As far as I’m concerned, during the course of this campaign you will never hear a simpler and more sane description of the problem with our city government as I’ve expressed in the prior sentence; however, I’ll add some qualifications:
A city attorney might cost more than a third of what they’re paid by the City of Boulder, but I doubt that it’s more than half of what our current city attorney earns. In spite of the speculative nature of this comment, you can look up cities where the budget allows for a city attorney…making about half what our city attorney earns.
In fact, there are cities all over the map that have city attorneys that earn half, or somewhere between half and the salary currently provided to Boulder’s city attorney, more than suggestive of the idea that the value of the job has to be re-analyzed and that the job itself be reallocated to an individual willing to work for say…$80k per year instead of $150k. The fact that the city attorney’s office last year invested a fortune defending someone’s desire to stop a hamburger joint from selling beer might also be an indicator of the need for reflection on city attorney pay scales, but I personally consider that another issue entirely.
Another proposal: no salary paid by the city be equal to more than the equivalent of 2 FTE’s (full-time job equivalencies) as reflected by the lowest salaries in a department. There may be room for compromise, but I will never believe that we could not find 4 very qualified individuals capable of collectively equaling the quality of work done by the person serving as city manager who takes in 4 times the lowest FTE salary in her department.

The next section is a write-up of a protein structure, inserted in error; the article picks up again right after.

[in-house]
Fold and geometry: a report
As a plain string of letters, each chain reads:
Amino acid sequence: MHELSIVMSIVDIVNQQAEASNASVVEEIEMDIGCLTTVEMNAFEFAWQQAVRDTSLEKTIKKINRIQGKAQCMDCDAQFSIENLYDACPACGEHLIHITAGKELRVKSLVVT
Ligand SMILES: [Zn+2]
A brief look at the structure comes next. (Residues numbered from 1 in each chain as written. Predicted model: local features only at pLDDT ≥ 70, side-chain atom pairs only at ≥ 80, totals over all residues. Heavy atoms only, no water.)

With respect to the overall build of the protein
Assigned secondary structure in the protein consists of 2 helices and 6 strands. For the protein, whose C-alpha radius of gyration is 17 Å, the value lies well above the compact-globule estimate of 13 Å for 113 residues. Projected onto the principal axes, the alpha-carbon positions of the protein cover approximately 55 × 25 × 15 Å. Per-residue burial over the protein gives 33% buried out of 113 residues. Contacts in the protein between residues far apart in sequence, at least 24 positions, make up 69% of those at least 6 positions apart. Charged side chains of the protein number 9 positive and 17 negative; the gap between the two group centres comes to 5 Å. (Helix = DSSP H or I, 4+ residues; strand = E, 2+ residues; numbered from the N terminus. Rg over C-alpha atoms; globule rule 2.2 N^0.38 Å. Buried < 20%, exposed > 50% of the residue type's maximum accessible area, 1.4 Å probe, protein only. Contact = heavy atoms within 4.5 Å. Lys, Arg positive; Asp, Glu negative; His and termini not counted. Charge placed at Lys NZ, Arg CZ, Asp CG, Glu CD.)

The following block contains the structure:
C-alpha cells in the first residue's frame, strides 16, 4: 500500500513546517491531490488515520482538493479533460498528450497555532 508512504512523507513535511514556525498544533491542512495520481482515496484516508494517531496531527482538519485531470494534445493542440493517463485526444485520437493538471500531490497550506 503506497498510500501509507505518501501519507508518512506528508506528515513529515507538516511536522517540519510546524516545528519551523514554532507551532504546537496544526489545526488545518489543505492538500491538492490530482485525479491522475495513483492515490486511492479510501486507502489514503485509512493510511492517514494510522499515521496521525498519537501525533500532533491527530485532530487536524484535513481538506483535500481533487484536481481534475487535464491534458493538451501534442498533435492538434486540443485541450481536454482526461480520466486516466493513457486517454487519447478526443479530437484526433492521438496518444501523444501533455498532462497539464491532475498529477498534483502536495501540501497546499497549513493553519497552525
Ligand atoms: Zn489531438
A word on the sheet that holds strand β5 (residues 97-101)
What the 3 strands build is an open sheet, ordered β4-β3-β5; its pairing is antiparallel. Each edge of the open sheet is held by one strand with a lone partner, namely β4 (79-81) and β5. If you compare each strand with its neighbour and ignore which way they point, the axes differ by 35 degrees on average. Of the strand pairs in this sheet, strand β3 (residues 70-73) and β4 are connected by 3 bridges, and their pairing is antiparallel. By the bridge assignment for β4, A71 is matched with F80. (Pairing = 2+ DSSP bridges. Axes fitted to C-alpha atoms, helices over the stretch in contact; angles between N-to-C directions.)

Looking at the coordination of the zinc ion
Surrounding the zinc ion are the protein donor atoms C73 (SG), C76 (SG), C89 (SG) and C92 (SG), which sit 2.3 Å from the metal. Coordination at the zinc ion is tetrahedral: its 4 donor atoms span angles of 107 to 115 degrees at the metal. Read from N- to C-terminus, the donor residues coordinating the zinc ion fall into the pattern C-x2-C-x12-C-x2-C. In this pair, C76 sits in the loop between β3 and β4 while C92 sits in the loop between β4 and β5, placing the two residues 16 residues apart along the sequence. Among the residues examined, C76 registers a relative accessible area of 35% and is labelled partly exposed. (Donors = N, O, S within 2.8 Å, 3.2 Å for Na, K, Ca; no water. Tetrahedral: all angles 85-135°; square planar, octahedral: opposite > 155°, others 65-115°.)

I believe that much of what I’m saying is self-evident. Politically challenging? Yes.
However…in this day and age, if the city is hiring employees who are only one-fourth as valuable as someone stuck in the city manager’s position, then the city either doesn’t need those employees or doesn’t need a city manager earning a small fortune, take your pick.
Beyond performance ratings and personnel issues of one type or another, an across-the-board salary reduction for city staff should not hurt performance, and might very well help it, by routing out individuals who feel they are better suited for private employment. Salary reductions can take various forms, but would almost undoubtedly be best served by “reallocations” of work. In other words, jobs are redefined with lower pay scales and are then offered first to the individual already performing similar work. In other words, you can lose the 100k salary, but still have a decent salary doing roughly the same job — if that’s what you want.
The goal, in part, would be to bring the lowest-paid worker much closer to the salary level of the highest paid worker, and also…take the stress off the city’s budget enough to stop the constant begging for new taxes by staff and council…
and the subtle extortion this usually entails when the city manager says, “either the tax passes or we’ll just have to cut library hours.”
NO THANKS on the library hours cut, I’d rather cut your pay…and by the way, if that’s a problem, don’t
let the screen door hit you in the ass on the way out.